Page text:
An article in the WSJ about retail stores closing on Black Friday included an interesting quote from former Staples executive Mike Edwards:
“…Deeply discounted items also attract a “nonloyal deal-seeker” who would be unlikely to help improve the store’s performance in the long-run, he added.
The idea that customers pay a premium and also remain loyal is fascinating. People value products and services that they have to purchase.
It is tempting to drop prices and hope to make up the balance of volume, but it trains the consumer to look for discounts and always seek out the lowest price. Once they are on the hunt for the lowest price, loyalty goes out the window and margins are eroded to nothing.
Any examples of situations where dropping the price has actually led to less client loyalty?
My partner’s desk as he prepares to dive into a client’s original lease and four (FOUR!) amendments. Nobody had spent the time previously to provide the tenant with a simple overview of the business terms. Previously, the client had to perform a forensic analysis every time there was a question about the lease or a charge from the landlord.
Providing an analysis like this serves two functions:
It gives the client an easy reference book outlining the terms, options, and exposure that exist for the tenant.
We are also able to demonstrate our work product so the client understands exactly how we’ll help them once we’re engaged.
You have to admire a landlord that is willing to gut an empty building and completely retrofit it in an effort to attract new tenants.
Too many landlords try to monetize old, outdated infrastructure rather than invest upfront to create a state-of-the-art property.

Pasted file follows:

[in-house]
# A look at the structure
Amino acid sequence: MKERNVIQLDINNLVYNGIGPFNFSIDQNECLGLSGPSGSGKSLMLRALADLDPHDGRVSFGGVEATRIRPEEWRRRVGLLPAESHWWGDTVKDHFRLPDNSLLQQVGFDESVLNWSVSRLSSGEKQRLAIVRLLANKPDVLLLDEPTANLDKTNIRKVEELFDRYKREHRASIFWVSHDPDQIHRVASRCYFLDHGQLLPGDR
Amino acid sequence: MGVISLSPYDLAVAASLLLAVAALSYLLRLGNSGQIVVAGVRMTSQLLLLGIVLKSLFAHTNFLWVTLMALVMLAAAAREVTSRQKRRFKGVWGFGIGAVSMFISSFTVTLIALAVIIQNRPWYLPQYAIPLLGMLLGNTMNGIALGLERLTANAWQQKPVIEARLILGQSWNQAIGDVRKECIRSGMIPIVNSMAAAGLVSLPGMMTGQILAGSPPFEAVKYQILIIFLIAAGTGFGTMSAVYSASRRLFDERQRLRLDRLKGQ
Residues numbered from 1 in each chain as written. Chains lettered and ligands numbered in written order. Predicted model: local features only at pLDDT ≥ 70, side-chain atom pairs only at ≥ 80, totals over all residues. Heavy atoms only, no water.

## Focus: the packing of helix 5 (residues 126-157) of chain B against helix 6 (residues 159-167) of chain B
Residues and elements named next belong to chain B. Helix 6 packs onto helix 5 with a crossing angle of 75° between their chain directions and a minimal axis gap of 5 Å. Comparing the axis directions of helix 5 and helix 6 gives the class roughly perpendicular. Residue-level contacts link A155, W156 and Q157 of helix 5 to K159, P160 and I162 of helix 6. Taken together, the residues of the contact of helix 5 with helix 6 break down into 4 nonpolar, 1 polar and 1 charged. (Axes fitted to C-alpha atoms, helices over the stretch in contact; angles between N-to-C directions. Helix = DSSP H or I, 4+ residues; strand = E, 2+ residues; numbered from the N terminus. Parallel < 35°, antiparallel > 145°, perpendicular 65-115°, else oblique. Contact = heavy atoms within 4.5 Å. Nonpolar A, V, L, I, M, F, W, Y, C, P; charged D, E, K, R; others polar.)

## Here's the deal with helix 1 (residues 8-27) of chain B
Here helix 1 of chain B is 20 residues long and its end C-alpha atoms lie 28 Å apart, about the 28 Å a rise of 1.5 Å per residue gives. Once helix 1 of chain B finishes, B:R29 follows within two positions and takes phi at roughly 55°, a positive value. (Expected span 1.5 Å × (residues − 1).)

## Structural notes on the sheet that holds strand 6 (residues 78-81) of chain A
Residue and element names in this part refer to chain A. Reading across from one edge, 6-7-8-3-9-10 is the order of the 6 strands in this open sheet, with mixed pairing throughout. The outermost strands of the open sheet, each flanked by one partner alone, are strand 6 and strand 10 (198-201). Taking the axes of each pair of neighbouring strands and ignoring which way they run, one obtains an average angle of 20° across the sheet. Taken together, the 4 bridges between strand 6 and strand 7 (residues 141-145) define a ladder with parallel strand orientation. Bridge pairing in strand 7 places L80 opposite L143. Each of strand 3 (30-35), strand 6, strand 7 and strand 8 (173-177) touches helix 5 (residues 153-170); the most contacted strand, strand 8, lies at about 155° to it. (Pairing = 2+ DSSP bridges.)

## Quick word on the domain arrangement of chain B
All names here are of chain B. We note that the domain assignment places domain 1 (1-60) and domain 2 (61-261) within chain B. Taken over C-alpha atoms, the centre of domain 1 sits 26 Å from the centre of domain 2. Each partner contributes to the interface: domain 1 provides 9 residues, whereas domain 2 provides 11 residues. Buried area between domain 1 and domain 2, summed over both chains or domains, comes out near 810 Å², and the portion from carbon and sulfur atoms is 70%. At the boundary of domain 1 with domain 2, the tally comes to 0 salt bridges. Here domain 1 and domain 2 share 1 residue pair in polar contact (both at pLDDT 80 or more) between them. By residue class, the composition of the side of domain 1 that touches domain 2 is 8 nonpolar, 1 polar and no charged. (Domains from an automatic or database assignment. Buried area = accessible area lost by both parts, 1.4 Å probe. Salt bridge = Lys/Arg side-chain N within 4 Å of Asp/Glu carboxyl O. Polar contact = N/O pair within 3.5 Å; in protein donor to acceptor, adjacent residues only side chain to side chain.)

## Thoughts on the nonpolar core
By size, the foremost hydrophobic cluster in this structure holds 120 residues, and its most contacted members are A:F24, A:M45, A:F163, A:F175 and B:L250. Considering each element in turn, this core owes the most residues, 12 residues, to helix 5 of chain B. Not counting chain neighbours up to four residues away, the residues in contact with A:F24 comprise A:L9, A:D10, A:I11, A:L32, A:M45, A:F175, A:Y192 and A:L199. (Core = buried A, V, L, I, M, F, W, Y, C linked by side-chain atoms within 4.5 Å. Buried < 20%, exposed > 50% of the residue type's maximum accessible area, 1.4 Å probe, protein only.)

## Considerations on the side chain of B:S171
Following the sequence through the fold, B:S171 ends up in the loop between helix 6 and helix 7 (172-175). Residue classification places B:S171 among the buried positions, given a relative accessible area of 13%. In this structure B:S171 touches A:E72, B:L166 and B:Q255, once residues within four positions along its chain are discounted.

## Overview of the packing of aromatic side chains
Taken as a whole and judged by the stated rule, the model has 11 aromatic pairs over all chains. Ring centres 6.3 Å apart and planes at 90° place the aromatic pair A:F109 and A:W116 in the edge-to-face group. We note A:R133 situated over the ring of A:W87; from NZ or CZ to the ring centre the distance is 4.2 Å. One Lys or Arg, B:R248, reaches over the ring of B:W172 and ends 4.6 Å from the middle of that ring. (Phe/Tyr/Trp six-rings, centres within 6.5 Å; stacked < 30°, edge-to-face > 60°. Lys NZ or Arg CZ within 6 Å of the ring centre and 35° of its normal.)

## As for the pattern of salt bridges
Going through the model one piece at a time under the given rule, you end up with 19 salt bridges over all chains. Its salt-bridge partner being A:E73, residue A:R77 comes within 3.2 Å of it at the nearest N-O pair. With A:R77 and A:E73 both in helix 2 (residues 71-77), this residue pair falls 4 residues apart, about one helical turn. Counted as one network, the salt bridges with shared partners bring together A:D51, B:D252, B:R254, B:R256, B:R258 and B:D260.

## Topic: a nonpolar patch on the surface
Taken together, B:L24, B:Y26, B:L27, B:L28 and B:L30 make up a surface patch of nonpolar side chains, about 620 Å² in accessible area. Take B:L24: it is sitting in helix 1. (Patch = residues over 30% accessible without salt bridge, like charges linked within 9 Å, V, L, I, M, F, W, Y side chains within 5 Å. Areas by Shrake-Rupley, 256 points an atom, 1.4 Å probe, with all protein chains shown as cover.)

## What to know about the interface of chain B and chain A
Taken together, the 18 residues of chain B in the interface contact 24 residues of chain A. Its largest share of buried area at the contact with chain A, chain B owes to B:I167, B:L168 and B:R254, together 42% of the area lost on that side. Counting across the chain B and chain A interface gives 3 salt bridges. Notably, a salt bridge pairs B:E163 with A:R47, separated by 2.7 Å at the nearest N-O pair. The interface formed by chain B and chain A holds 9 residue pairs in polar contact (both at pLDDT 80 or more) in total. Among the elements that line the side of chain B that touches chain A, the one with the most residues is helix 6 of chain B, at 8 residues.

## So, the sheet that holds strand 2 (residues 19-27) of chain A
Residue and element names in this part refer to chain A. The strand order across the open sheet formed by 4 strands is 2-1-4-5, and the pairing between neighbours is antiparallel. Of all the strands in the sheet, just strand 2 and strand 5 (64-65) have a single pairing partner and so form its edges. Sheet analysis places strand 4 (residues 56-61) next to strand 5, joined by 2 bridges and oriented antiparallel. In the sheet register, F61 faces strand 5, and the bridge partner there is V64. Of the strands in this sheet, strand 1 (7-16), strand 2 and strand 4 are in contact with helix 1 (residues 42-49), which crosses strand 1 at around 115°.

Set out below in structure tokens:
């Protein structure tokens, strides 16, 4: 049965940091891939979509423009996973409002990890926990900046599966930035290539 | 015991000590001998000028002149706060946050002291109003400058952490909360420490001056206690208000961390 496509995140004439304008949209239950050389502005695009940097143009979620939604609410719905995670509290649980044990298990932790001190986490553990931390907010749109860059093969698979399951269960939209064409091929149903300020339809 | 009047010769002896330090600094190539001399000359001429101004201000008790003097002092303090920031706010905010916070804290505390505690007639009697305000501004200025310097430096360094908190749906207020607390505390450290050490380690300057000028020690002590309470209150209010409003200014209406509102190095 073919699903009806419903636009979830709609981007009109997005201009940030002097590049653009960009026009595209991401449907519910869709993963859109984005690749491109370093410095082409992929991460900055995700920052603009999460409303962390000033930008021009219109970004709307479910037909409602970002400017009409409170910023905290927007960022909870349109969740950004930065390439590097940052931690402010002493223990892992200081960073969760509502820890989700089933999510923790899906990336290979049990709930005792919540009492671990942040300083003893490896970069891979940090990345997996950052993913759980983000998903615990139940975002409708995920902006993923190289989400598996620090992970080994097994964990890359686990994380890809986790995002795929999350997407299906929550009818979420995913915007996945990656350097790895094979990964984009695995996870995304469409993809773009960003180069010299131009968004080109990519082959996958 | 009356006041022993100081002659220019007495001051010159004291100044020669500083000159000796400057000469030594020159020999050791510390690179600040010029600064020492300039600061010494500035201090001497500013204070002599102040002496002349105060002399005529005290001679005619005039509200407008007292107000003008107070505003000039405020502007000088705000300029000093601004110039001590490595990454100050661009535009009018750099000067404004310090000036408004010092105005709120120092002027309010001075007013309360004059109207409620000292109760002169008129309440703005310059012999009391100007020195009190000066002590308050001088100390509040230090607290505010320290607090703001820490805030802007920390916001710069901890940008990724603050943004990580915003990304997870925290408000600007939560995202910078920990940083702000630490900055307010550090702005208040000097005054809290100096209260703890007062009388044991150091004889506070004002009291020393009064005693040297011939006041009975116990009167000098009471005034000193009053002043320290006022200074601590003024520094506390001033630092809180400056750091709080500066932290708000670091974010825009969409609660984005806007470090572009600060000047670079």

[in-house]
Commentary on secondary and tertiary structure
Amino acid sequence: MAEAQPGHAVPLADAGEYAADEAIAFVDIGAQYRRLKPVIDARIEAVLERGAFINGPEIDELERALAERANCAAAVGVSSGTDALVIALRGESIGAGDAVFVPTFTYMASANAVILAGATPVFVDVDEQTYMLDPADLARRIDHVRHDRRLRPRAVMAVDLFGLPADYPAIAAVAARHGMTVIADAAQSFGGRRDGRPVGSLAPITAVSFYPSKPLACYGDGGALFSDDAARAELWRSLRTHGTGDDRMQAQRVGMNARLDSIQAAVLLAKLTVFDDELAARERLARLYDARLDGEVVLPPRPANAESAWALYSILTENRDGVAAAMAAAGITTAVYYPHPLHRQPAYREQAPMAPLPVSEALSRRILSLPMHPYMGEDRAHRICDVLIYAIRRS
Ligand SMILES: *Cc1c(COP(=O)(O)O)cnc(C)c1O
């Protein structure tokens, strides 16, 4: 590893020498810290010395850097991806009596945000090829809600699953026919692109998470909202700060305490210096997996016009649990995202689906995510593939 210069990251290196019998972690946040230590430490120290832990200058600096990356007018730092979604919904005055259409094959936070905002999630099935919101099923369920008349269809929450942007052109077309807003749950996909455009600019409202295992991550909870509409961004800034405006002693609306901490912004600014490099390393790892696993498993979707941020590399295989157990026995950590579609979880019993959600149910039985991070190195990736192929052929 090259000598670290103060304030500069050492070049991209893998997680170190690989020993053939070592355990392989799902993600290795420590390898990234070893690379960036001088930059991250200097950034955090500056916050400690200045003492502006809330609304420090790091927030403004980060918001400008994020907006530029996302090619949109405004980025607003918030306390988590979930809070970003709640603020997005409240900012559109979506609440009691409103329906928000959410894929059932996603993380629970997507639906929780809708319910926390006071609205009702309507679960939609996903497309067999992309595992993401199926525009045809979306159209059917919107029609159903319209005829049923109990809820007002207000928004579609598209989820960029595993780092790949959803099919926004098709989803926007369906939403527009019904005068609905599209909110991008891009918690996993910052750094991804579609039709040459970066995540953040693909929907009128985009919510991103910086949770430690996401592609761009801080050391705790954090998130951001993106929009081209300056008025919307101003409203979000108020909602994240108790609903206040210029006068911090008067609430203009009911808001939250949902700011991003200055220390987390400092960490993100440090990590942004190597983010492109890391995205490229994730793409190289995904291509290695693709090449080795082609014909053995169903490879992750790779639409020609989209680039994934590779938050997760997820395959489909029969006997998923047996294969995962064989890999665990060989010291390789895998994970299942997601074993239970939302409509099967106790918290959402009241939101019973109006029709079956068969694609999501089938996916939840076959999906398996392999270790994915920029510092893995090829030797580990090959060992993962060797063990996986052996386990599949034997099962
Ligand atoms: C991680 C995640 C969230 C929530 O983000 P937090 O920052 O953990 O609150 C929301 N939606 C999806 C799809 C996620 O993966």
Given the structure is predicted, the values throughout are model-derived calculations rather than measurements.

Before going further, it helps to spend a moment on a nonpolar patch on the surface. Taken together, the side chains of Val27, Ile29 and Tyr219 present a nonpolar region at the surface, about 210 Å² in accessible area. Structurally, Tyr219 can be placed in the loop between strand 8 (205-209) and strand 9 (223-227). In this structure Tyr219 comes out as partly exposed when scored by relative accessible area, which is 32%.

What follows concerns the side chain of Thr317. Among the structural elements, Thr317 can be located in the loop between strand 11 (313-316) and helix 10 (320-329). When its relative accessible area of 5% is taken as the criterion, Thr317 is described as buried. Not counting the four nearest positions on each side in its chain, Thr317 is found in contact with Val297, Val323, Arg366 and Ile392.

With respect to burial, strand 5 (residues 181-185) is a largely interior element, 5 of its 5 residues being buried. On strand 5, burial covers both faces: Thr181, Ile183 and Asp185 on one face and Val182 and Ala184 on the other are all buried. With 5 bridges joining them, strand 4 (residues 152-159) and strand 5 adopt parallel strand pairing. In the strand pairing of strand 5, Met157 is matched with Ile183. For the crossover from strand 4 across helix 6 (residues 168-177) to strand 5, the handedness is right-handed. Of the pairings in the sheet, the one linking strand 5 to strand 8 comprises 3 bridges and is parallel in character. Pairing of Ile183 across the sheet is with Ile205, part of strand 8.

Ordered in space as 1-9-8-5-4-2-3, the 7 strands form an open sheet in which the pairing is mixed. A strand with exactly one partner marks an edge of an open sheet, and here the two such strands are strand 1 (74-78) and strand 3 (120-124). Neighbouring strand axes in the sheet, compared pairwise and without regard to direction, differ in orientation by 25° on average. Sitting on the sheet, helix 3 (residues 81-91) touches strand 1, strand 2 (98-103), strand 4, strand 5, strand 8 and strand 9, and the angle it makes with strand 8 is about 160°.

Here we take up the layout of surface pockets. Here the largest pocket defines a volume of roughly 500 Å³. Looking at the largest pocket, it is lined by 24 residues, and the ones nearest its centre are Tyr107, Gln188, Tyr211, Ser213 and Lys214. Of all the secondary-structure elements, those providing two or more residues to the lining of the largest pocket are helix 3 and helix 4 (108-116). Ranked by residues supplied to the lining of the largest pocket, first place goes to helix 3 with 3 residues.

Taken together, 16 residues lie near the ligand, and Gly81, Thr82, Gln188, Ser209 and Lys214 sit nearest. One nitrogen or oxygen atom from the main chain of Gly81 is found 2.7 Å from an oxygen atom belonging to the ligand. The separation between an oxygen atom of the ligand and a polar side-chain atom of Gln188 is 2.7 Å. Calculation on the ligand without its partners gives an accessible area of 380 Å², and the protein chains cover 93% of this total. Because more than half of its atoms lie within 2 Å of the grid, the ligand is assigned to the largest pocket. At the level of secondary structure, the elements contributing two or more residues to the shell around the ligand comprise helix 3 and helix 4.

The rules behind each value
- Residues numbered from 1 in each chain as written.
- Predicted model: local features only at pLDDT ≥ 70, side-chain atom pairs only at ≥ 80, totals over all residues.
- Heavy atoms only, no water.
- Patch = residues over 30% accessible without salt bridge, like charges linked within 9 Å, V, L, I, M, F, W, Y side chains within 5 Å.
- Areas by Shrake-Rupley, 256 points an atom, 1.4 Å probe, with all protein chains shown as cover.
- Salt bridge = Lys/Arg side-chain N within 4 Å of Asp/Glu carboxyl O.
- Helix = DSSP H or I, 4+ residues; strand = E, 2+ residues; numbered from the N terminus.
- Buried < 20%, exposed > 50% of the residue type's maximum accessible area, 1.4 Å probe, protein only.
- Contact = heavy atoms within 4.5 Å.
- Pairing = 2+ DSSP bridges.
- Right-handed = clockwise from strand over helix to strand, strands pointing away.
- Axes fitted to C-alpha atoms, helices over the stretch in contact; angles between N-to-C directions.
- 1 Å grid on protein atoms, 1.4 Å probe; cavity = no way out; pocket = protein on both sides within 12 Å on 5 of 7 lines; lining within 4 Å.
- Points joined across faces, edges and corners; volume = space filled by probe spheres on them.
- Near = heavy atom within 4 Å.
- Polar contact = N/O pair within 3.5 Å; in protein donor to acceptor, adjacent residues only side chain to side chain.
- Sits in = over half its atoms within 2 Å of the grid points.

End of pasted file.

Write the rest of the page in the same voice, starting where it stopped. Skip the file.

New Jersey needs more of these projects.
I’m reading a biography of Warren Buffett and there are two things that jump out at me about Buffett, aside from his prodigious intellect, of course.
One is how hard he works at cultivating relationships. He actively identifies people he wants to befriend and then works hard to bring them into his orbit. There are frequent references in the book to his phone conversations and travel to connect with friends and business associates.
The other is his singular focus on accomplishing his goal, which is making money. Everything he does, every action he takes, is with the purpose of achieving his goals. He does the boring, tedious stuff, and doesn’t get caught up with all the glitz, glamour, or distractions that come along.
This is true of all business, whether it’s running a Fortune 500 business or building a career in the art world (just ask my brother.) Its all about an obsessive focus on your goals combined with deep personal relationships.
Coaching my daughter’s town league soccer team. It’s a lot of fun, and a nice distraction from the high pressure work day.